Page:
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c.1930 Epiphone Recording Model 'A'
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Serial #: 113 stamped in neck block. Body width: 13 1/2" Scale length: 25 1/2" Nut width: 1 3/4" Neck depth, 1st/8th frets: .90/1.13
Materials and Hardware: Solid Adirondack spruce soundboard; birdseye maple laminate body; multi-ply maple neck with rosewood fingerboard; rosewood bridge with bone nut; pearl dot fingerboard inlays. Nickel Grover planetary banjo tuners; vintage correct Bakelite pickguard.
Notes: Moving from Asia Minor to New York at the turn of the 20th century, the Stathopoulo family began production of professional quality banjos in the mid-1920's. Their top-line 'Recording' model banjos were designated from 'A' to 'E', in ascending order of ornamentation. As dance orchestras began to prefer the warmer timbre of the acoustic guitar, by 1930 the Epiphone company had debuted a new line of guitars as well, all named after their corresponding banjo models.
Offered in both 13" 'Concert' and 15" 'Auditorium' body sizes, Epi's Recording model guitars featured a radical design. With an extended hump on the bass side of the neck, and a steeply cut body on its treble side, the guitars subtly echoed Gibson's Florentine Style O Artist Models of earlier decades. Predating Selmer's Maccaferri models by several years, Epiphone's Recording series may well be regarded as the first true cutaway guitars from a major manufacturer.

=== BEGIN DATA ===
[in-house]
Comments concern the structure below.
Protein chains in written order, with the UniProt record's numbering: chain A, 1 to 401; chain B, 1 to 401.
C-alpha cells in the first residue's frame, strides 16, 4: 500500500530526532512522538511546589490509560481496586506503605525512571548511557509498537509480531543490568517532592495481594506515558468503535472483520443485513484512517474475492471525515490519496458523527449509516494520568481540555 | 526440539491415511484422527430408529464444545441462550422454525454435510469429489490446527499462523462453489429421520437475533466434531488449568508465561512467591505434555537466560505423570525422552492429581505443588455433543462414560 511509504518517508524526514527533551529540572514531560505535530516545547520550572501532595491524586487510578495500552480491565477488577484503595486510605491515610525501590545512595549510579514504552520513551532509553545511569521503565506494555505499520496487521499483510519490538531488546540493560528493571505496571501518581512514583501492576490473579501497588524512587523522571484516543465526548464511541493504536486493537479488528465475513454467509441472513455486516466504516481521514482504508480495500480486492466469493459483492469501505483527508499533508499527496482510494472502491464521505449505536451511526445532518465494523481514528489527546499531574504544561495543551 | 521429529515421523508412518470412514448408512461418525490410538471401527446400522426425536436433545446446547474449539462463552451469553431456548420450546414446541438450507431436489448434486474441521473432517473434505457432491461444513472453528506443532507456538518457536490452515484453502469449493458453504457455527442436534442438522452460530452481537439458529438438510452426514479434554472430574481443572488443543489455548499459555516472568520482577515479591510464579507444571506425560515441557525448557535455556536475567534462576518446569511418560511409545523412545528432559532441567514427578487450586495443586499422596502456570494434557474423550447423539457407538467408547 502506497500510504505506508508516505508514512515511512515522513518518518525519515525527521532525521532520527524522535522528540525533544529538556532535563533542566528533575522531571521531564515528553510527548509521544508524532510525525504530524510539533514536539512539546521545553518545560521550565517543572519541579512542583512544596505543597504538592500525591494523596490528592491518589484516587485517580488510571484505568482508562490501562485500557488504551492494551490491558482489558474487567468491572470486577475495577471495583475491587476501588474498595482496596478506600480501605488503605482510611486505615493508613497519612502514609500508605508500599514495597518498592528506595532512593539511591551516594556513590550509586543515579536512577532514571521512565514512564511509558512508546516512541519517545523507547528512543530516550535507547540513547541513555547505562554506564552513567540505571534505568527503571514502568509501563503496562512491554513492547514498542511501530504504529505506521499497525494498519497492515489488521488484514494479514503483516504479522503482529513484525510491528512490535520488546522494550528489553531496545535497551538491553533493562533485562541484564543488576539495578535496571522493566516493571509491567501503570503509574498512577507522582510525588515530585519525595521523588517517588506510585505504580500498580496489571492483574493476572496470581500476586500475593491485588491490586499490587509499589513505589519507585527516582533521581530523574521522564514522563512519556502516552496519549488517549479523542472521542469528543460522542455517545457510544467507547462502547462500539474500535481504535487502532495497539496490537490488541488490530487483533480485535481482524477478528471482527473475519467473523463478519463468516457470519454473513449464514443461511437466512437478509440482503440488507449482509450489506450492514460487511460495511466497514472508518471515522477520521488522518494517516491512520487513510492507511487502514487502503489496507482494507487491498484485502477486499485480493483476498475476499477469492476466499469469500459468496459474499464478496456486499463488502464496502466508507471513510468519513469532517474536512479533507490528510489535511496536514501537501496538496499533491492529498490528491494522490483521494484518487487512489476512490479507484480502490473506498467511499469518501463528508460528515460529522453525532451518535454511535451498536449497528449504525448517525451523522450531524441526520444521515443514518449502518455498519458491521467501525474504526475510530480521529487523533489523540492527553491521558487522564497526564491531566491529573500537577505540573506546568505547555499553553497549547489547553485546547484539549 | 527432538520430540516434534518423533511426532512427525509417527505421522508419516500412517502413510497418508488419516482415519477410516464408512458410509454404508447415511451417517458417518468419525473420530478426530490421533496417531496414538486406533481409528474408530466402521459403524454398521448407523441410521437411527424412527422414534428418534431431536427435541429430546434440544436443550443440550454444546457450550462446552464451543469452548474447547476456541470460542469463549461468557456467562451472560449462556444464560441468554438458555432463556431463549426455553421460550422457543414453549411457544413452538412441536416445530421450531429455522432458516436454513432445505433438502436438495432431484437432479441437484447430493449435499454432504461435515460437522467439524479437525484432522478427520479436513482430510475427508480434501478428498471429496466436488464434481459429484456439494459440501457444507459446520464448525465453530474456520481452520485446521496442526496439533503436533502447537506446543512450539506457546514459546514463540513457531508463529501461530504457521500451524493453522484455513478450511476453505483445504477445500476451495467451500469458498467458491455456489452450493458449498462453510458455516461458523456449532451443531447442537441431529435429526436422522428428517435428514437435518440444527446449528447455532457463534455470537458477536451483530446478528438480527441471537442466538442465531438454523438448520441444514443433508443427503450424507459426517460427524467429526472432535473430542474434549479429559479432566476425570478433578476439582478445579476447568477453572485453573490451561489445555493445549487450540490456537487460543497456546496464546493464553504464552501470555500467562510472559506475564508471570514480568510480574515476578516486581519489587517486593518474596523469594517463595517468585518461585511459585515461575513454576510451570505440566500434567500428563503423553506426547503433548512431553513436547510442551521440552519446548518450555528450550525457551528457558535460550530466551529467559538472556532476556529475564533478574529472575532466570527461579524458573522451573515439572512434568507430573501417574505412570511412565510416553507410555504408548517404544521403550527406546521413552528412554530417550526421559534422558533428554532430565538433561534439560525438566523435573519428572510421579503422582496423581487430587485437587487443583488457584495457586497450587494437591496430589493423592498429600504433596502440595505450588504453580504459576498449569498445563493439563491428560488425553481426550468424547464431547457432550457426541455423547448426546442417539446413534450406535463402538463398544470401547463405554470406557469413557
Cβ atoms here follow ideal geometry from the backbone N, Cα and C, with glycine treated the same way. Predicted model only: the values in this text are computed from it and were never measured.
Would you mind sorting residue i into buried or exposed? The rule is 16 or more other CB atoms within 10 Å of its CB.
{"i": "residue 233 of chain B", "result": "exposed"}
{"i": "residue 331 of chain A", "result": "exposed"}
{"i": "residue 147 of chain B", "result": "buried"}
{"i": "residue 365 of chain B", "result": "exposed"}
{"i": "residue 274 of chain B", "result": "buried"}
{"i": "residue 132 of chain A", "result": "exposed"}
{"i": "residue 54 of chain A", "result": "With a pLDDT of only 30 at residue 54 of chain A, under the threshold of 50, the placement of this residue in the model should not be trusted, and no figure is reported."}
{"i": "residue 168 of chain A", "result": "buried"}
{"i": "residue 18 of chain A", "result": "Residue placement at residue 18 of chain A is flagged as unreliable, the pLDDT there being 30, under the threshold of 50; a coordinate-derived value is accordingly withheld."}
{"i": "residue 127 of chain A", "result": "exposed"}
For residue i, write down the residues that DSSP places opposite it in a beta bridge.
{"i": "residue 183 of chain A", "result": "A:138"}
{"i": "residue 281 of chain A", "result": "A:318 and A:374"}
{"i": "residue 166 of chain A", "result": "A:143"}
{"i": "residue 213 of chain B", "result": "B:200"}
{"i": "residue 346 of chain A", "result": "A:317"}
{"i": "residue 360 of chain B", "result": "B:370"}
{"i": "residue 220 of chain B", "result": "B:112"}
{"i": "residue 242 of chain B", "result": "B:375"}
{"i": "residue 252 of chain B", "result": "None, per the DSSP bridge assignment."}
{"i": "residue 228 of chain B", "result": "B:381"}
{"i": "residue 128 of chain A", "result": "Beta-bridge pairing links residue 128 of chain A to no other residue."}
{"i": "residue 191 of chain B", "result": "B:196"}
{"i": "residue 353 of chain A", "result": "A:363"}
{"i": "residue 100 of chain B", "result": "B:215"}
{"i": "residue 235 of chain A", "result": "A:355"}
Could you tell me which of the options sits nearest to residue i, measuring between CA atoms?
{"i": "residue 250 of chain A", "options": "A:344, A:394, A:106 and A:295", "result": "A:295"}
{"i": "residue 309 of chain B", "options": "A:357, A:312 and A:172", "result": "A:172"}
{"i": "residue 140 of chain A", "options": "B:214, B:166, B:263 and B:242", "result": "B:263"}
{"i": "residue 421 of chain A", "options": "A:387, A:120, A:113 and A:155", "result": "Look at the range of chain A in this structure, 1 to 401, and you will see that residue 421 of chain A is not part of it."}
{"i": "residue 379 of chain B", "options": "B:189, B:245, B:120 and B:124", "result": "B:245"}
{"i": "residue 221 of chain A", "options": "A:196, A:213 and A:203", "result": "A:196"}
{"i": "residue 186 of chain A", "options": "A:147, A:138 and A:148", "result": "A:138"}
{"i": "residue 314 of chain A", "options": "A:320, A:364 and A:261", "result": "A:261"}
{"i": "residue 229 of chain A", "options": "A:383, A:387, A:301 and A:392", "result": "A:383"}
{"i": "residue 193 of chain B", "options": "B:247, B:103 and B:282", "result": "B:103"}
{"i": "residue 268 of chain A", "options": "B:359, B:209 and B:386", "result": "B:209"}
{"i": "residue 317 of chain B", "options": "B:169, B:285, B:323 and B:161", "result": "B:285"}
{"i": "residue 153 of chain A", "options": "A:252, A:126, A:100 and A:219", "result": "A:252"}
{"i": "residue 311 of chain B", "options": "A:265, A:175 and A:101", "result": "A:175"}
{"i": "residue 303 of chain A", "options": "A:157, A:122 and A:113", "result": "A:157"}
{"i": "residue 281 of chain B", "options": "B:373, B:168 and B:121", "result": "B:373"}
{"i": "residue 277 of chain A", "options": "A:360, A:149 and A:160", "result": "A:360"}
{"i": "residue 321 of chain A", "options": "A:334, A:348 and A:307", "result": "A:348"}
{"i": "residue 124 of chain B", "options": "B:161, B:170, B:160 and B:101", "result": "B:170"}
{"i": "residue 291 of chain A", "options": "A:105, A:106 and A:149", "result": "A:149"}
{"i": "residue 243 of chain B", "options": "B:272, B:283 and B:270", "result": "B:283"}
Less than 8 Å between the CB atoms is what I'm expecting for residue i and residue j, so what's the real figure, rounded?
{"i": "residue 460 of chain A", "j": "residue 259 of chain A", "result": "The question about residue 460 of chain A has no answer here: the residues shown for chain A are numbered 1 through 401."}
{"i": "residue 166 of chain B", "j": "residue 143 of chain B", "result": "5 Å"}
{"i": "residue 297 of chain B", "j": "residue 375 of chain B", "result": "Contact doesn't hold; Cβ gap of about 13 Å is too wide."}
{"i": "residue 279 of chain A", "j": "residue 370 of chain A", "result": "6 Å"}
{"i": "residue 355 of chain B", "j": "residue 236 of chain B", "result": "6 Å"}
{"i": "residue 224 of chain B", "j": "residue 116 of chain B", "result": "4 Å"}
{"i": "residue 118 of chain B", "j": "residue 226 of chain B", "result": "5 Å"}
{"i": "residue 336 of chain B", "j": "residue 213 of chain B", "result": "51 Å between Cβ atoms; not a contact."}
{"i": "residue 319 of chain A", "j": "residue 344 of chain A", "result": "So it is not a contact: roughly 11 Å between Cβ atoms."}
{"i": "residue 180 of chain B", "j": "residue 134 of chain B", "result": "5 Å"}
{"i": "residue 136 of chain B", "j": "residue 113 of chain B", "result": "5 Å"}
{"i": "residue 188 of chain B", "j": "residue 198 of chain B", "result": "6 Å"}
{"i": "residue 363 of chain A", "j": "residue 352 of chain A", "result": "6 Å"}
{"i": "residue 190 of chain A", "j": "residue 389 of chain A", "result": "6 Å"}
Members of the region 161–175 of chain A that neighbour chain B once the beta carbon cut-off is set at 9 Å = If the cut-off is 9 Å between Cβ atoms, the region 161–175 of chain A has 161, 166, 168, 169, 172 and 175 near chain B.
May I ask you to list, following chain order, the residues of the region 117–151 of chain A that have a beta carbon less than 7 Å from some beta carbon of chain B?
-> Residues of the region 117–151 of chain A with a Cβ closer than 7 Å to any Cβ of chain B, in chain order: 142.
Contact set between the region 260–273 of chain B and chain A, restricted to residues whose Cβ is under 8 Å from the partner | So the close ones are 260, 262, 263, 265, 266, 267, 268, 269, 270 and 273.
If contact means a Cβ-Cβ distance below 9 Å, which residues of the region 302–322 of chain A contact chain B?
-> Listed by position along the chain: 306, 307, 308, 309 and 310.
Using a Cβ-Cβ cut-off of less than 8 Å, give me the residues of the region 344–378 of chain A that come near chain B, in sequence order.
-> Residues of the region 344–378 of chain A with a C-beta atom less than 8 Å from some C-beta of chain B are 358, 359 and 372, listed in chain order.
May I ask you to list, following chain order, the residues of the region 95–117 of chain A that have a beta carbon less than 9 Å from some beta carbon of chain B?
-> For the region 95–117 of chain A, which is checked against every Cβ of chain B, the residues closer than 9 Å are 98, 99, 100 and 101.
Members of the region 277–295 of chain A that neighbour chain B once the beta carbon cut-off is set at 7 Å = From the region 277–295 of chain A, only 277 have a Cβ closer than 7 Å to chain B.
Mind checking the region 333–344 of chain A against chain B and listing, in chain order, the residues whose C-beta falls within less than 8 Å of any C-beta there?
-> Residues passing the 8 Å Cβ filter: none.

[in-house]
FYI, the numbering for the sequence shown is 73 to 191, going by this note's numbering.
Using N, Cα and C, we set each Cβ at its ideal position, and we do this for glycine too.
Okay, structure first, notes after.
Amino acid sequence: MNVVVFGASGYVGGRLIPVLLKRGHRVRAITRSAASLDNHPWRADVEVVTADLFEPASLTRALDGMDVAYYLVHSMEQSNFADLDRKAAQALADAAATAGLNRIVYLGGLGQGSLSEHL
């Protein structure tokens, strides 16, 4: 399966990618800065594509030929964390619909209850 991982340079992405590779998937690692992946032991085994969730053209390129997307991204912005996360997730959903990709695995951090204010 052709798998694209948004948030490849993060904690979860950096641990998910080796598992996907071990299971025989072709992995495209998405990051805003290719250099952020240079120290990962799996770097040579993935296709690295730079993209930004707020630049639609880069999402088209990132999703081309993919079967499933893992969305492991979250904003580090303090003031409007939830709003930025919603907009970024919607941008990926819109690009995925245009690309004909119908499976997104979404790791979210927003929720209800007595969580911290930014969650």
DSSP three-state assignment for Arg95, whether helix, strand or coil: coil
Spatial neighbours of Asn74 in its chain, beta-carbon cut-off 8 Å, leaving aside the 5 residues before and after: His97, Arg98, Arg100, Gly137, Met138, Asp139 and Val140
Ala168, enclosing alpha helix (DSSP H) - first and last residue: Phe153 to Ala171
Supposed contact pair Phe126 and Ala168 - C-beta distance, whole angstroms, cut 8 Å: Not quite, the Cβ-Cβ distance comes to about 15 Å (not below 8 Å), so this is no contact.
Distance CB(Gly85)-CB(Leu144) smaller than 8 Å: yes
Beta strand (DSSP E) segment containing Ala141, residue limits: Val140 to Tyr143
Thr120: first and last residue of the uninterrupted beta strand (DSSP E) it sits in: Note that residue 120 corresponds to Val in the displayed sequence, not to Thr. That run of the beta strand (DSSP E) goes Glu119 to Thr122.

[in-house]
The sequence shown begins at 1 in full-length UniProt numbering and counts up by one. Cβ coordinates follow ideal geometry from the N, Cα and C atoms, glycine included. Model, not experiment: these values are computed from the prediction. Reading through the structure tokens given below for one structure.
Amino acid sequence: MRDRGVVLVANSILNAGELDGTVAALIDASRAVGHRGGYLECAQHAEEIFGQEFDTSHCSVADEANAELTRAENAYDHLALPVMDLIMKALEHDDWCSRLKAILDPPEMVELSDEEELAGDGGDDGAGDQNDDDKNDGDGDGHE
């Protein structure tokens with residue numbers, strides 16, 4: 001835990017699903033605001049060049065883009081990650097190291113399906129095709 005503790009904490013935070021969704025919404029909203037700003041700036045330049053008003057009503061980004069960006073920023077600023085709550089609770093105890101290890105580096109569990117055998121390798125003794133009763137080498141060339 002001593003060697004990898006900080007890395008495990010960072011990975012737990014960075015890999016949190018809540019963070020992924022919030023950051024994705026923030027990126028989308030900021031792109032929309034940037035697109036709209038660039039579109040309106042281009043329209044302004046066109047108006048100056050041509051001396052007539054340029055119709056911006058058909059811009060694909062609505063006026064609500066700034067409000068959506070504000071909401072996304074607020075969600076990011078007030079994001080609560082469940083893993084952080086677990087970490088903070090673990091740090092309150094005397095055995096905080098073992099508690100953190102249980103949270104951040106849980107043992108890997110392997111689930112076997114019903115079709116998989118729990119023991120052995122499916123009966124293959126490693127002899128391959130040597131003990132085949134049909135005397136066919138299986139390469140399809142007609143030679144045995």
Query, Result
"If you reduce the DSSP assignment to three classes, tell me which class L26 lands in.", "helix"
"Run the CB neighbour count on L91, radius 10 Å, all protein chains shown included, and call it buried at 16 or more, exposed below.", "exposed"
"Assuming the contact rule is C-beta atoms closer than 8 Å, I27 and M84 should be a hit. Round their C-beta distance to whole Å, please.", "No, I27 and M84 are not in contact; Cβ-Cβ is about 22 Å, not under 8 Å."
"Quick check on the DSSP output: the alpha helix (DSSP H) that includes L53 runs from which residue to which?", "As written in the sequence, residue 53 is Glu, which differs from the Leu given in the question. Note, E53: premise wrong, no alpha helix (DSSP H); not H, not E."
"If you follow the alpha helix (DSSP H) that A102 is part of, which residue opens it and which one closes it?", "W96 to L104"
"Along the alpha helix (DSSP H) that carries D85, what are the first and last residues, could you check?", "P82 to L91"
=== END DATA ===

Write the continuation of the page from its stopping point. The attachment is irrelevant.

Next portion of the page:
But if innovation was the model's strong suit, timing was its enemy. Introduced just as the stock market was cratering, the Recording models were quickly supplanted by Epiphone's new archtop guitar line. And so, with a production window of scarcely over a year, Epi's A through E models promptly became some of the rarest acoustic guitars of the 20th century.
This early Style 'A' model features a Concert size body, with a solid, slightly arched Adirondack spruce top, and a smartly figured birdseye maple back and sides. Initially fitted with a tailpiece and floating bridge, these early Recording model guitars were soon redesigned with pin bridges, and this guitar was similarly refitted with a rosewood bridge, bone saddle, and one replacement inlaid bridge pin as well.
The paddle shaped peghead pays tribute to it's banjo lineage, with its showy engraved pearloid banners and Grover planet banjo tuners. It's banjo DNA is further reflected on the fingerboard as well, with a position marker at the 10th fret, instead of the usual 9th fret dot common to American guitars.
At just 4lb 4oz, the guitar is notably light in weight, and well balanced in the lap. The dark rosewood fingerboard is straight and true, over the reinforced multi-ply maple neck, with smooth low action and a fresh, high precision setup. Several grainline cracks in the soundboard have been soundly resealed, with a newer coat of matte lacquer finish applied to the top, and a vintage correct polished Bakelite pickguard suspended over the body. The voice is bright and snappy, with a blend of archtop projection and flat top sustain and reverb. The generous 1 3/4" nut is ideal for both pick and finger style play, and the guitar is a versatile companion for a variety of traditional music styles.
A daring, pioneering design, and a fleeting rarity in the history of the 20th century guitar. One only: call now.